The book's appeal began with its striking cover, which promised it would tell readers "what you should know about yourself and others." Using a technique that ad men had perfected in the 1930s, the editors aroused the soldier's fears and then promised to show the path to safety. The book promised "practical ideas that will improve his personal adjustment, and give him a better chance to stay off the casualty lists than he already has."
It spoke to the soldier as an individual, not just a cog in the war machine. Striking a populist note, it addressed any "man in uniform who wants to know his own physical and mental limitations even better than some of the ‘military experts' claim to know the psychology of our enemies."
Instead of teaching abstract theories of each subfield of psychology, each chapter covered a topic related to warfare. It taught the basics of vision in chapters titled "Sight as a Weapon," "Seeing in the Dark" and "Color and Camouflage." Other senses were covered in "Smell — a Sentry" and "Hearing as a Tool in Warfare." Readers learned about social and clinical psychology in "Morale," "Food and Sex as Military Problems" and "Mobs and Panic." The book also included charts and diagrams from psychology texts, supplemented by dozens of photos of soldiers, military equipment and battle scenes.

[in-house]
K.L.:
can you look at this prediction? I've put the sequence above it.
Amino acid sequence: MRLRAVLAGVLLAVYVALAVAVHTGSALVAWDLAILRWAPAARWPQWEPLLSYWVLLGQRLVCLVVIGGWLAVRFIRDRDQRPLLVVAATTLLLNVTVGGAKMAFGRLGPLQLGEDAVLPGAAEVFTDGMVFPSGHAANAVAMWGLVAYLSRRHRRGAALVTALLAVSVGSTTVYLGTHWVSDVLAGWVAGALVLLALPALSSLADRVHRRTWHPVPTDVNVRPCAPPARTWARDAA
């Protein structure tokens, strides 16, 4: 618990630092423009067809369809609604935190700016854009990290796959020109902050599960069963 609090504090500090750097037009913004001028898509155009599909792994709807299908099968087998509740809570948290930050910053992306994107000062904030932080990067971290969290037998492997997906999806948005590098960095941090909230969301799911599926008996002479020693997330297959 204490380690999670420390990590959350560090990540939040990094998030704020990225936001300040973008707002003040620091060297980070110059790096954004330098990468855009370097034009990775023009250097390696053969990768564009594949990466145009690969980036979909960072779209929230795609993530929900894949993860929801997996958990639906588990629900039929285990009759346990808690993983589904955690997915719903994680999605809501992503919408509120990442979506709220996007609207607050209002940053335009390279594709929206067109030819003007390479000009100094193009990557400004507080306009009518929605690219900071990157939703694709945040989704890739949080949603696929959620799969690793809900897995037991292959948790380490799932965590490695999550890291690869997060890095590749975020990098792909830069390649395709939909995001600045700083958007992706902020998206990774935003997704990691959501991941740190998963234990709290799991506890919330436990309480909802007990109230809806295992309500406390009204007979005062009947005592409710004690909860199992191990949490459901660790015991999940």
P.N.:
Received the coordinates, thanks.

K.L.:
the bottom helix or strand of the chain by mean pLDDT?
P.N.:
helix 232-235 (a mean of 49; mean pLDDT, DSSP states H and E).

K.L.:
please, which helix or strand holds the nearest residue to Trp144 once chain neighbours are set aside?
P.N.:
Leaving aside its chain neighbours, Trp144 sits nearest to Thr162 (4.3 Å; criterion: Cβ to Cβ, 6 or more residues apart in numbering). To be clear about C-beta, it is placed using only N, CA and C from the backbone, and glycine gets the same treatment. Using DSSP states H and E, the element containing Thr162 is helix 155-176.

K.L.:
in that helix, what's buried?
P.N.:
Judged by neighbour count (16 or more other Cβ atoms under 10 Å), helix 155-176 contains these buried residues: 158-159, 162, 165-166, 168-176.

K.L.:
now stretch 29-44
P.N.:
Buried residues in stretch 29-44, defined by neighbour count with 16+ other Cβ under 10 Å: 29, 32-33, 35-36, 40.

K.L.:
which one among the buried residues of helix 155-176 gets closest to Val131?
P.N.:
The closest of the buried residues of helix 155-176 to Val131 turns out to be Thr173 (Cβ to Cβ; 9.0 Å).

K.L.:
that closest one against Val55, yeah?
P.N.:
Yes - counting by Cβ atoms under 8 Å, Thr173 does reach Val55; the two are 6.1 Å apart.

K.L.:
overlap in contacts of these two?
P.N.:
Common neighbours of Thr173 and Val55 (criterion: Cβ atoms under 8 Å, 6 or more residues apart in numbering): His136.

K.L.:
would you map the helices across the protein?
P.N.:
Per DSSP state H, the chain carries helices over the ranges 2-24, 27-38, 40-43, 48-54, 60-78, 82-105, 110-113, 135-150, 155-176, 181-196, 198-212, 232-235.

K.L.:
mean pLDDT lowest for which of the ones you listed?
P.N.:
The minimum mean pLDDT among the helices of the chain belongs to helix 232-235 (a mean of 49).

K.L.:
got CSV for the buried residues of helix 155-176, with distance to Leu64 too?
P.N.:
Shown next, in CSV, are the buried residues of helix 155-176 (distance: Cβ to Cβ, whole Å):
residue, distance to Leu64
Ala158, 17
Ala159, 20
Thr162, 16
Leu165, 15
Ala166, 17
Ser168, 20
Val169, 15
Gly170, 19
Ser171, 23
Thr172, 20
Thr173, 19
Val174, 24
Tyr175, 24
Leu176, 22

The book's success was due to this compelling content and the use of drugstores and newsstands as sales points — an innovation in the 1940s. Also key to this project was Marjorie Van de Water, a journalist who had spent decades covering psychology for Science Service, a wire service. As Boring's co-editor, she rewrote the chapters submitted by a panel of experts. Initially, Boring asked her to appear under a male pseudonym out of deference to the Army. She vetoed this plan as effectively as she corrected the psychologists' academic prose. (Although Van de Water was responsible for every word in the final manuscript, she was on loan from her regular job and did not receive a cent of the book's royalties.)